May/June 2017 – Vol. 29 No. 7

Systems Thinking Skills in the Engineering Classroom

Posted: Wednesday, May 11th, 2016

by Cynthia Berger

Reprinted with permission from http://blog.eie.org/systems-thinking-skills-in-the-engineering-classroom.

The students in Jean Facchiano’s fourth-grade class have spent the morning engineering their own models of permeable membranes, using ordinary kitchen supplies like sponges, coffee filters, and perforated aluminum foil. The goal is to design a system that lets water drip into a frog habitat, keeping the container slightly damp, not dry or flooded.

Berger1.1Each group of students has come up with their own unique system for controlling water flow into the habitat. Now, in the video at right, the students present their results. It’s not just a show-and-tell; it’s a concise demonstration of elementary students starting to apply their systems-thinking skills.

Can Young Children Really Be Systems Thinkers?

Testing a permeable membrane for a frog habitat.

Testing a permeable membrane for a frog habitat.

The term “systems thinking” refers to the ability to explore and understand the relationships between a system (such as an ecosystem, weather system, or heating system) and its component parts and see the network of relationships among system components. Systems thinking is a skill that will be critical for tomorrow’s adults as they face 21st-century challenges like dealing with climate change, providing healthcare, or meeting society’s energy needs.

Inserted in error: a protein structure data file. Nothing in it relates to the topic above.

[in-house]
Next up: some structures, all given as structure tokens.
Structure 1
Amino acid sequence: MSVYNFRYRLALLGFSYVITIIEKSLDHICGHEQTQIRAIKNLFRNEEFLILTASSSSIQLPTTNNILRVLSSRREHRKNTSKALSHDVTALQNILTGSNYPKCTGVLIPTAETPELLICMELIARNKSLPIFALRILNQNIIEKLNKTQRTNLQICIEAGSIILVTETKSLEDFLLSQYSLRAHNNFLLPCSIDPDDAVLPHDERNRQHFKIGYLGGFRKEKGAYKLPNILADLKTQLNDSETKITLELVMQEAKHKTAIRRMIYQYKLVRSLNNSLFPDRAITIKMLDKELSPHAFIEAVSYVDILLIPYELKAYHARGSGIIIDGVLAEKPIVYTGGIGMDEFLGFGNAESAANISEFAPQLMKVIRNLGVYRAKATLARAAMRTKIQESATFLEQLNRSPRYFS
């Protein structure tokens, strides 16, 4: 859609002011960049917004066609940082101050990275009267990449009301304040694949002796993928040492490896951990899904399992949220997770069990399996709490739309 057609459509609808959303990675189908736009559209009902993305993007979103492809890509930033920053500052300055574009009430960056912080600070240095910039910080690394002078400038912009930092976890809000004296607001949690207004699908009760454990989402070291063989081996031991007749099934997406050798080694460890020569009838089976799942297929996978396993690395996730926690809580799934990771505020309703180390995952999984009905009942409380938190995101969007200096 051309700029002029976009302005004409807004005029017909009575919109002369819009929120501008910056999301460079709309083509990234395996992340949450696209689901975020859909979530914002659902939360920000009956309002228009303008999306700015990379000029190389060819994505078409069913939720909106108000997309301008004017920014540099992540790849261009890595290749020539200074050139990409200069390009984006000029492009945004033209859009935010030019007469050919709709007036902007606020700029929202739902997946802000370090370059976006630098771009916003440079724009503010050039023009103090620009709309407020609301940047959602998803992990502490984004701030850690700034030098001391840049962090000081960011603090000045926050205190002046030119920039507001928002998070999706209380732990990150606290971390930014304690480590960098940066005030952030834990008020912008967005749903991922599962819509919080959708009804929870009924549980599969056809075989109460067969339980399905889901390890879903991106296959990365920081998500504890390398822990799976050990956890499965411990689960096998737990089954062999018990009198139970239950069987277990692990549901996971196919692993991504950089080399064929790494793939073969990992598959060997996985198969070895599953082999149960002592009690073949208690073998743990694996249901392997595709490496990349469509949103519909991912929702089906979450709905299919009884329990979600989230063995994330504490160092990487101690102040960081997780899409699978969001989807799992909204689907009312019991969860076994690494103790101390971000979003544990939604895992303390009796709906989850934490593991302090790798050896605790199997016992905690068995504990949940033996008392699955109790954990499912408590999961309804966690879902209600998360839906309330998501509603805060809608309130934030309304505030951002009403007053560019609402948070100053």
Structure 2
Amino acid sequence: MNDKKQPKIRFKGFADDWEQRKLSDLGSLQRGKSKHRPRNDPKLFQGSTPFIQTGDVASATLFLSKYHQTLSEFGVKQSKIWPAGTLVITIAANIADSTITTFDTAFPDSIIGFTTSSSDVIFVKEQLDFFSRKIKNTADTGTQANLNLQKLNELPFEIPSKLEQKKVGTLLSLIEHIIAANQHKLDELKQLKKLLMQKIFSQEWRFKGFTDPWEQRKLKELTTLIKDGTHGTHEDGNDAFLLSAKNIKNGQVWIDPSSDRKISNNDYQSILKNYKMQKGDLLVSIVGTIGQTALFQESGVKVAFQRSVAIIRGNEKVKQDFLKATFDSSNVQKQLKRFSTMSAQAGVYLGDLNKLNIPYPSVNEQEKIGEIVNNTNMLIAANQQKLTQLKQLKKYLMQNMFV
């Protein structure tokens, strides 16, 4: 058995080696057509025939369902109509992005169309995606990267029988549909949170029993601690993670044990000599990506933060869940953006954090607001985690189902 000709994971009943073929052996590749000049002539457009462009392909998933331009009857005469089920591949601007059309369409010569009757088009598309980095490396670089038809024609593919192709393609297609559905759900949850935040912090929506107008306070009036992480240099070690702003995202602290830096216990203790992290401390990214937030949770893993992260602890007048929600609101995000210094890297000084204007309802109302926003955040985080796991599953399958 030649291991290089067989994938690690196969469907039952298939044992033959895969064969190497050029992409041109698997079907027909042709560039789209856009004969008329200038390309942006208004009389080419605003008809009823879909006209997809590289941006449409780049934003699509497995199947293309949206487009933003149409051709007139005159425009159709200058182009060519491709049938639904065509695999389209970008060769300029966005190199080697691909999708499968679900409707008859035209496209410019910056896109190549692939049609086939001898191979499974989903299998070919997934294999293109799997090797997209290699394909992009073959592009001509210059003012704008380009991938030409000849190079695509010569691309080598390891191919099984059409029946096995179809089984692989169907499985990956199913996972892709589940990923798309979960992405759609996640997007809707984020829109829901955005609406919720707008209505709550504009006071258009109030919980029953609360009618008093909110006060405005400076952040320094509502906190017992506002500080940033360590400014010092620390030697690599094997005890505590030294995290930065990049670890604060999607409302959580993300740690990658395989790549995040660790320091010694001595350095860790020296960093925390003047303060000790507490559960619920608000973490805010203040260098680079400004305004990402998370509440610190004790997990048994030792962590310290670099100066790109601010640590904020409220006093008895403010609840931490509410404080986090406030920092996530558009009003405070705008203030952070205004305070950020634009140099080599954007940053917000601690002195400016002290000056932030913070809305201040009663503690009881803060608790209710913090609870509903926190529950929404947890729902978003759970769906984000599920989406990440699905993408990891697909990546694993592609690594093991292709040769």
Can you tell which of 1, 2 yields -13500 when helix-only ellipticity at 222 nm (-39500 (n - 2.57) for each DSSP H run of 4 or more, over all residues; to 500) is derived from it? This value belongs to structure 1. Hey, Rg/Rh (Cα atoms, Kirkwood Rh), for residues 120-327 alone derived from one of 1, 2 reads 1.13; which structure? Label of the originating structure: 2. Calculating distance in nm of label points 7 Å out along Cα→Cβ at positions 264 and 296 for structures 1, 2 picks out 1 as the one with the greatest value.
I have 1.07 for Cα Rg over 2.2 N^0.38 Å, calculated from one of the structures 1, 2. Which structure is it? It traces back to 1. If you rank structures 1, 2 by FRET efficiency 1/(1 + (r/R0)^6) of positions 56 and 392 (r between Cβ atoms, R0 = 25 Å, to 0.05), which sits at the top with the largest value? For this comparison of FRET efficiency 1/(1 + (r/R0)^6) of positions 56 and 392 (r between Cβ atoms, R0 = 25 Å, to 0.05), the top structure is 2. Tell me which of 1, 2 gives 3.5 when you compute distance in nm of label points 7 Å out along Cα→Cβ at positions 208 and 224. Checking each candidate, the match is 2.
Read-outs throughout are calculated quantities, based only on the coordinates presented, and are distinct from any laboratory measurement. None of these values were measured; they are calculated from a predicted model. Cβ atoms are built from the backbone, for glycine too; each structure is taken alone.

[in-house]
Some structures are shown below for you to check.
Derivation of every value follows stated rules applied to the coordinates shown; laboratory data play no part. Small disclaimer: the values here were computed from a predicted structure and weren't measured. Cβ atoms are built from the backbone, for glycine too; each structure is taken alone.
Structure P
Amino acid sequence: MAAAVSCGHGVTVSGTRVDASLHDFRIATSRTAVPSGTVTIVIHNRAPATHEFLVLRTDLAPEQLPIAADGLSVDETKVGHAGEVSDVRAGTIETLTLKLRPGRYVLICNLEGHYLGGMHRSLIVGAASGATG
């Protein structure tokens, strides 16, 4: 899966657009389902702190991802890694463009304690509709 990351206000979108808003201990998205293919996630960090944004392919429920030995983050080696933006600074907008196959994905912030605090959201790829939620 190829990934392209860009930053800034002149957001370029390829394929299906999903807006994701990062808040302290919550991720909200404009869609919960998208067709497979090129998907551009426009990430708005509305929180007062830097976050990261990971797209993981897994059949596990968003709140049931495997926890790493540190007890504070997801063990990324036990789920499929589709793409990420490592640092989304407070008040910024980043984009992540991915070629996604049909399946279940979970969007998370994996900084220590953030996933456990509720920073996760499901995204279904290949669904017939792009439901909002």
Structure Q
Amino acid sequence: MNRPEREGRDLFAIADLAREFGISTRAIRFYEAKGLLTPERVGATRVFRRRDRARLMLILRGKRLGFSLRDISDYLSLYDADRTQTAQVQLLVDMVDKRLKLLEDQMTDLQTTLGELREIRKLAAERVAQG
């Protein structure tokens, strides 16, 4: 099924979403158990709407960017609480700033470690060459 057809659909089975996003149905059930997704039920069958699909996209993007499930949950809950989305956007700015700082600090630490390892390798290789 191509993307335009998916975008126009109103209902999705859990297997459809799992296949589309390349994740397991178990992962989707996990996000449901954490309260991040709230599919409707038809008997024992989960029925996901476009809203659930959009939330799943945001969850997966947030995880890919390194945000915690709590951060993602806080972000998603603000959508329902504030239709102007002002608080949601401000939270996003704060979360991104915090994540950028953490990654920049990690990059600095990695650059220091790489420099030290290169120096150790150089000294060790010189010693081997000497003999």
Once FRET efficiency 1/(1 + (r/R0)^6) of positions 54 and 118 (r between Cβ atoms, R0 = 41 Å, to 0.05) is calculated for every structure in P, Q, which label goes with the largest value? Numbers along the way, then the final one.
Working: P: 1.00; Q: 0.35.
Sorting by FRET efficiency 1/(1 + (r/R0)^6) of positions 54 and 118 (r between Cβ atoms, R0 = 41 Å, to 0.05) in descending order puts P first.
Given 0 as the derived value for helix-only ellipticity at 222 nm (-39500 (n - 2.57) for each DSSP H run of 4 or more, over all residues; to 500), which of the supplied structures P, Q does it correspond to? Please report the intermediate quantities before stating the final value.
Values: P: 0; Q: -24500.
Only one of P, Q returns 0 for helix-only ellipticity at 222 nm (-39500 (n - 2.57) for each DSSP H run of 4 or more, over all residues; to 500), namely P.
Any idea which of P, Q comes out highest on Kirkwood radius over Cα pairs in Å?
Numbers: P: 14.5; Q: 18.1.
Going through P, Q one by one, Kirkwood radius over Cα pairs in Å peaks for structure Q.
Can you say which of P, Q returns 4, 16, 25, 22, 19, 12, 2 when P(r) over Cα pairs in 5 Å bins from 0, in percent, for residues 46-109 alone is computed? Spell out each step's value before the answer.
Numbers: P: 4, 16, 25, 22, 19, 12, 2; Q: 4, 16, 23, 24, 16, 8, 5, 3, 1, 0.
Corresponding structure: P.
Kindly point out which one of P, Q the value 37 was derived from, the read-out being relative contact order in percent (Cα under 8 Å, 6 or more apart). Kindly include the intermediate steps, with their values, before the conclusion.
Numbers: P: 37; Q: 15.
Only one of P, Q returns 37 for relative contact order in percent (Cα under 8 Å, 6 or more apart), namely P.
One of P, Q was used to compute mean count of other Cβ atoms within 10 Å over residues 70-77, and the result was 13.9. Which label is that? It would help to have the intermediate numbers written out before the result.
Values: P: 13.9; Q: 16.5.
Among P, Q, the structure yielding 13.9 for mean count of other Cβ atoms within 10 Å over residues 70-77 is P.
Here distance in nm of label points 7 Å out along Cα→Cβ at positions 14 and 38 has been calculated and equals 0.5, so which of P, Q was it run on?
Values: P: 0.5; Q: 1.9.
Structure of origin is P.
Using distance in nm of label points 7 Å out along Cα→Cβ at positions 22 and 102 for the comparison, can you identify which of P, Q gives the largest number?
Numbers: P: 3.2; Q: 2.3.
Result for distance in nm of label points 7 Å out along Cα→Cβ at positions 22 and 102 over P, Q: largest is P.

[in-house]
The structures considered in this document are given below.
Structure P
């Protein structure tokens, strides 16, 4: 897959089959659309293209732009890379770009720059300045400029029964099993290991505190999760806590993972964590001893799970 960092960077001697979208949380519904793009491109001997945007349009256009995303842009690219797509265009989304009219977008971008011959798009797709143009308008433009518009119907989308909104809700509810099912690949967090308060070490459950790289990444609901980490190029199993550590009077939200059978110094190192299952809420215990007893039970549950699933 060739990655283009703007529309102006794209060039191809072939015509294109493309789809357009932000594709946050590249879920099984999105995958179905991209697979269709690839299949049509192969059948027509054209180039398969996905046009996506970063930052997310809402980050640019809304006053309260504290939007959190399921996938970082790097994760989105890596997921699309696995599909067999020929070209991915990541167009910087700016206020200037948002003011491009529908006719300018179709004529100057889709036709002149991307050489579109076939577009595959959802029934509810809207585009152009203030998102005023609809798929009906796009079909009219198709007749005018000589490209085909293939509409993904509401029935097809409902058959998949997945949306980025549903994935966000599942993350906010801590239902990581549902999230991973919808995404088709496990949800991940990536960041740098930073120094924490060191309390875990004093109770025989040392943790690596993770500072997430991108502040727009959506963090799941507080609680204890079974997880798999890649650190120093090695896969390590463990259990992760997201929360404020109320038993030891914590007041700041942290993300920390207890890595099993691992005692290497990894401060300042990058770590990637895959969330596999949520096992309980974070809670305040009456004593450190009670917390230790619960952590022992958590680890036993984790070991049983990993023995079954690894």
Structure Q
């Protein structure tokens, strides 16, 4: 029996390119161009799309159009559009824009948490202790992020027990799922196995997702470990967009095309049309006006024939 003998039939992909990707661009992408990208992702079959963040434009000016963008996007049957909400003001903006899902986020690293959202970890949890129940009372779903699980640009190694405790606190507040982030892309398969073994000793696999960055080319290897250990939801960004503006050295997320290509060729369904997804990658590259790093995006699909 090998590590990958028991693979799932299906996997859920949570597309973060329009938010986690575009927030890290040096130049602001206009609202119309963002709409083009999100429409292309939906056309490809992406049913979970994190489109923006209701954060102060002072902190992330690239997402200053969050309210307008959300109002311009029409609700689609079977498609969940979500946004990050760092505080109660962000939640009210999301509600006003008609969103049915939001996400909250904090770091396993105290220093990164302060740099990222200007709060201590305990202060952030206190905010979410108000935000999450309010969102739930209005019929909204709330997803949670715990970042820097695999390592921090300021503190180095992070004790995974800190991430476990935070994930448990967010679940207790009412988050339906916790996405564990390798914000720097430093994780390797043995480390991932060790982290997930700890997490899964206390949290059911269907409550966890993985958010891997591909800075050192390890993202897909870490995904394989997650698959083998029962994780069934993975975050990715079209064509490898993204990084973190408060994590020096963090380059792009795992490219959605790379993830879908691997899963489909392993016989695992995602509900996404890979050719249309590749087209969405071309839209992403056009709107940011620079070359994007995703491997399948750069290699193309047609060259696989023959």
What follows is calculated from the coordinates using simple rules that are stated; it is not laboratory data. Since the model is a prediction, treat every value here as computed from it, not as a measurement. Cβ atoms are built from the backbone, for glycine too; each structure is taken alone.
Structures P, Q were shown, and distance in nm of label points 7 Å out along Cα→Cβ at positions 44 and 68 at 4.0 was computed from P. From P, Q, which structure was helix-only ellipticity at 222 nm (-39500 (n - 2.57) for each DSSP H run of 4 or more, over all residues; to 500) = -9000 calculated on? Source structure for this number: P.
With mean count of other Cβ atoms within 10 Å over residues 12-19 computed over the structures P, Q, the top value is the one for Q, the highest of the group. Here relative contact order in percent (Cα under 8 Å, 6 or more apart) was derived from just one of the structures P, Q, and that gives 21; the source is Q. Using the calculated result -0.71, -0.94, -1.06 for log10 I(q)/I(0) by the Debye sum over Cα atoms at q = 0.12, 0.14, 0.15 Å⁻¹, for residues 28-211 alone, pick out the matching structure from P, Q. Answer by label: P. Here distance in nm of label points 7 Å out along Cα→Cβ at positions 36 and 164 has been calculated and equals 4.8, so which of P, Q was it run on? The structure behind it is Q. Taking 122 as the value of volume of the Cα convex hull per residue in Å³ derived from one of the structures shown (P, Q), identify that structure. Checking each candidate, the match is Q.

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Once upon a time, educators thought that elementary-school-aged children simply weren’t capable of the abstract thought required for systems thinking. But in recent years, evidence has supported the idea that elementary students CAN apply systems thinking—and that schools should be proactive in helping students do this, because of the positive impact systems thinking has on learning.

At EiE, we consider systems thinking to be an “engineering habit of mind”—a way of thinking, developed through engagement with engineering, that builds positive learning skills for a lifetime. The new Next Generation Science Standards take this same view; they create explicit expectations that young students will apply systems thinking.

Berger2Consider that NGSS cross-cutting concepts include “patterns,” “cause and effect,” “systems and systems models,” and “flows, cycles and conservation in energy and matter.” Standards like K-ESS3-1 (“Use a model to represent the relationship between the needs of different plants or animals [including humans] and the places they live”) also presume that very young students will engage in systems thinking.